TSK’s evolution

TSK’s evolution

TSK’s evolution At TSK, we’ve not only upskilled our own team but have brought in new people with different expertise to accommodate the diversity that offices need to develop a healthy, inclusive and empowering workplace. We now have more Fitwel ambassadors, SKA assessors and experts researching acoustics, biophilia, and much more.

How we communicate and the breadth of media we use have evolved. One of the benefits of an office is that you can physically connect to build rapport. This is particularly important for new starters so they can experience your centre of brand, culture, ethos and values.

Once you’ve formed those initial relationships and bonds, you can use digital tools to connect with clients and colleagues who are geographically dispersed, speeding up the decision-making process without the constant travel. It’s also accelerated our desire and ability to explore new technology and find new ways to visually immerse our clients, through tools such as interactive VR.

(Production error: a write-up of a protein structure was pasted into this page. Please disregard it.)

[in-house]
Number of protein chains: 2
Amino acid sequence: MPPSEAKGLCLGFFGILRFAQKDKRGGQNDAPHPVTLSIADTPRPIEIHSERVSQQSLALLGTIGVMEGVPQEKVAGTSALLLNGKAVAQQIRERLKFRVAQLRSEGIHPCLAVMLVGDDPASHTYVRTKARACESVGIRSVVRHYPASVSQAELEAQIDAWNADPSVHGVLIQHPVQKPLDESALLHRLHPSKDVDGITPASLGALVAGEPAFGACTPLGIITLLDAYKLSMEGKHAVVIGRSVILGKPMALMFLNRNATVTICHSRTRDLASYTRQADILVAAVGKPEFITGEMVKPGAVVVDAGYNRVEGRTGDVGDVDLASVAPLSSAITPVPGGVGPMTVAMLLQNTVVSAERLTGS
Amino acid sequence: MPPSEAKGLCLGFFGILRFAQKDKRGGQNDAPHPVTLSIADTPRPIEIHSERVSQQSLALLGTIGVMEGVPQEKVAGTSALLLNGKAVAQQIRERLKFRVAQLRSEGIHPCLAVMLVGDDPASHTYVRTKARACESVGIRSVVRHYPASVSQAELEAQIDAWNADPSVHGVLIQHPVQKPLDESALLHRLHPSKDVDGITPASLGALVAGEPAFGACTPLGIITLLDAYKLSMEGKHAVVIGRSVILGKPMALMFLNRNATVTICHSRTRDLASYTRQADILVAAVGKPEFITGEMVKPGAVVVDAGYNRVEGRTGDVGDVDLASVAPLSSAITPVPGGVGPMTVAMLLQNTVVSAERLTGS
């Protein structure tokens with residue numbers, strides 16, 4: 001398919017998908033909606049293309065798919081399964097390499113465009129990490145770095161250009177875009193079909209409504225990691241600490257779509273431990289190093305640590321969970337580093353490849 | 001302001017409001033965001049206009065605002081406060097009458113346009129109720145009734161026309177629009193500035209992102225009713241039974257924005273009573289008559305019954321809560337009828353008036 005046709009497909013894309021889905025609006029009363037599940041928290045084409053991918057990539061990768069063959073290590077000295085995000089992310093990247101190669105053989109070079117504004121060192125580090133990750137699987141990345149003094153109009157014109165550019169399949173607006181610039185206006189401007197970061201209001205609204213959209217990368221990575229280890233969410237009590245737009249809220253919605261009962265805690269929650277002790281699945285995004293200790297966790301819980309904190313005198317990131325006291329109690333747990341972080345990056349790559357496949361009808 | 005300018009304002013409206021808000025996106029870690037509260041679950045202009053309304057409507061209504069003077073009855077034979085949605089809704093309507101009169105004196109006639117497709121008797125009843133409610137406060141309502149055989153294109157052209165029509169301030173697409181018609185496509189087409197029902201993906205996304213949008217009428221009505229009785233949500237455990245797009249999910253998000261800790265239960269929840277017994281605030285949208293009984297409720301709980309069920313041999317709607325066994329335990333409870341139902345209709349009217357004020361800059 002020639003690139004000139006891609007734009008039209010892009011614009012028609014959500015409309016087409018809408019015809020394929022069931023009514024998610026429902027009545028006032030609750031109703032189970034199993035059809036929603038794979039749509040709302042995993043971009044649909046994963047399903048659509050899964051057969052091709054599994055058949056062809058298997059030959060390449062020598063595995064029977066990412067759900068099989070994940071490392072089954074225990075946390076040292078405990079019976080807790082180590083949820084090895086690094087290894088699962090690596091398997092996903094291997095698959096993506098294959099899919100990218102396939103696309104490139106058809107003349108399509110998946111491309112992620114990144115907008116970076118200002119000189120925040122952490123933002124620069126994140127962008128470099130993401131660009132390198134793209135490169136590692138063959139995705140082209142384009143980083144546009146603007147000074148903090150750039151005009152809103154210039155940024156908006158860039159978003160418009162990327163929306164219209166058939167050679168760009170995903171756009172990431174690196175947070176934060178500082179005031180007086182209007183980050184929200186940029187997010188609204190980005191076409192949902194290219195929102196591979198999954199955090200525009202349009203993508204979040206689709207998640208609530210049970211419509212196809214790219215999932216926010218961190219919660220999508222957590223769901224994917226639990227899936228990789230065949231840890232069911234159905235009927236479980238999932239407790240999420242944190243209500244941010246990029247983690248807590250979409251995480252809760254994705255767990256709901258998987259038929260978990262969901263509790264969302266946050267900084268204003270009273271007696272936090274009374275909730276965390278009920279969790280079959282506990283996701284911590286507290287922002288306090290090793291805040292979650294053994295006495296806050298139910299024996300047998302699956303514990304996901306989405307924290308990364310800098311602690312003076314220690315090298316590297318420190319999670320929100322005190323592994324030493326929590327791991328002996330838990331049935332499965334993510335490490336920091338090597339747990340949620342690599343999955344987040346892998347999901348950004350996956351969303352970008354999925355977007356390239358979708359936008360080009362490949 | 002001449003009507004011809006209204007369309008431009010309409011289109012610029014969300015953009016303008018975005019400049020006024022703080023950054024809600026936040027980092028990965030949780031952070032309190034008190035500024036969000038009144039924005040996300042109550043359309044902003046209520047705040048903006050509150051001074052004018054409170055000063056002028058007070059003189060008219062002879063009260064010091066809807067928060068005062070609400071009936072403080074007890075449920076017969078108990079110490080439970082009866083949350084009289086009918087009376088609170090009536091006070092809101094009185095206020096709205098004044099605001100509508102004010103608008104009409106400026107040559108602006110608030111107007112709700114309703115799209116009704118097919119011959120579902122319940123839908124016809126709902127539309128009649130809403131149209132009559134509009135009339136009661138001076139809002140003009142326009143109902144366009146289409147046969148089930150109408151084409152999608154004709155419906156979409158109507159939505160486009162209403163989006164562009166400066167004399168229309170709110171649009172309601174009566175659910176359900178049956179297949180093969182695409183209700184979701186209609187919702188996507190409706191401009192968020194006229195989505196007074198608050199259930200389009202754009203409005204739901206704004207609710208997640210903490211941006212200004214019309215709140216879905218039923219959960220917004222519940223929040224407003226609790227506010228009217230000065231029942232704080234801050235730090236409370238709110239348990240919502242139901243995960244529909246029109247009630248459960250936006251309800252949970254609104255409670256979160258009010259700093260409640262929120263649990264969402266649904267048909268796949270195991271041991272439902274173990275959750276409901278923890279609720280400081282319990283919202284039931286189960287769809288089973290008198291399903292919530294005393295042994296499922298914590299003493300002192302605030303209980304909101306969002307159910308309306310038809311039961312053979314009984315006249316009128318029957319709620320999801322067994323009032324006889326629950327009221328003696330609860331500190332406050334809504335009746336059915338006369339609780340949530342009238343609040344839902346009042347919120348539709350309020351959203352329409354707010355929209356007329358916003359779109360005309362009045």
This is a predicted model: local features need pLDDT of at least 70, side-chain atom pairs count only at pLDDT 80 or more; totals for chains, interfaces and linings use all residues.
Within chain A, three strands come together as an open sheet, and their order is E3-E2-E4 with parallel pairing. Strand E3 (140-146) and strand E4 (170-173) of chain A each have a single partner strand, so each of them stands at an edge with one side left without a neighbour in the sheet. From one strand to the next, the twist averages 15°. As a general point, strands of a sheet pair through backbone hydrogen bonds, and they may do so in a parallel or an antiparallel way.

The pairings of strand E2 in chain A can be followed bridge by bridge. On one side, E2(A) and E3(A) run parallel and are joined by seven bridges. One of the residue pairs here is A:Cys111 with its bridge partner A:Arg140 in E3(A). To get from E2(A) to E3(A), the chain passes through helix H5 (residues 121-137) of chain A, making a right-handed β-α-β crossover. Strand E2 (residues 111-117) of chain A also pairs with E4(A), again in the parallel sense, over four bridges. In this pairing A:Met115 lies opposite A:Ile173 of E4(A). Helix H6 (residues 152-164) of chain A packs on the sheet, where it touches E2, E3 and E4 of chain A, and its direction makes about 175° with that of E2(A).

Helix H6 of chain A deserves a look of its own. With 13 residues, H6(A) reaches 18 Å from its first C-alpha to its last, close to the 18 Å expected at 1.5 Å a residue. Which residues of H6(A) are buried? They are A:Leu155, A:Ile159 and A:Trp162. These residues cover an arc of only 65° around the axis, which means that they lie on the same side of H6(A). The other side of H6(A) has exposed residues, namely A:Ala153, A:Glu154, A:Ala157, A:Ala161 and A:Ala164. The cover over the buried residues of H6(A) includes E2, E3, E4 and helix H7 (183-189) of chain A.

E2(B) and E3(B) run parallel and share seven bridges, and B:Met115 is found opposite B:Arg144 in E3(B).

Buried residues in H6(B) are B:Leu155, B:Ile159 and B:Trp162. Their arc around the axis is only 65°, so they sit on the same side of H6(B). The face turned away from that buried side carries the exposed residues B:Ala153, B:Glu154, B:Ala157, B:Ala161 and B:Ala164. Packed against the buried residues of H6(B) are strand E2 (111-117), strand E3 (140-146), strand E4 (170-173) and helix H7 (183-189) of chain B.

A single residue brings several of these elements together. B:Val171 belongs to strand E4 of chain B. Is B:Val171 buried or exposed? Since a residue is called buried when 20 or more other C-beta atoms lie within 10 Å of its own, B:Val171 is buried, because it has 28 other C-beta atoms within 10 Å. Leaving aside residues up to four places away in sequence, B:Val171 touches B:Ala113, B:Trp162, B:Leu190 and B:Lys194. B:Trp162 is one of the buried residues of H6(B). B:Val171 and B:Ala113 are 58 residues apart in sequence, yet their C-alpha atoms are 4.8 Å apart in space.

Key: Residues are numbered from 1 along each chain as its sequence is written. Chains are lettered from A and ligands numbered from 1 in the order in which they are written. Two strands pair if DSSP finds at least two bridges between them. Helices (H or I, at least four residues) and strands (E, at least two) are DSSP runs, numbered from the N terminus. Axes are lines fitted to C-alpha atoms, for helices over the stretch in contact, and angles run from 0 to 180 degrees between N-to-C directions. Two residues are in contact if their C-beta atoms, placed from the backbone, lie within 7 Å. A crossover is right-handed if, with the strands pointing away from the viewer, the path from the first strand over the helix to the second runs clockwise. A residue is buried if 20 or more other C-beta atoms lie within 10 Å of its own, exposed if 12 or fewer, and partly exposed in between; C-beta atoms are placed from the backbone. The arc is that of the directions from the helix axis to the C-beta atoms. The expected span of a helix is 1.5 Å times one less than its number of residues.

“We know that workplace design can significantly influence business performance. As organisations review the ways in which they work, there is a clear need to ensure that now, more than ever, workplaces are designed to support employee and organisational needs.”

Iain Holden CEO, TSK

Hybrid working misconceptions and truths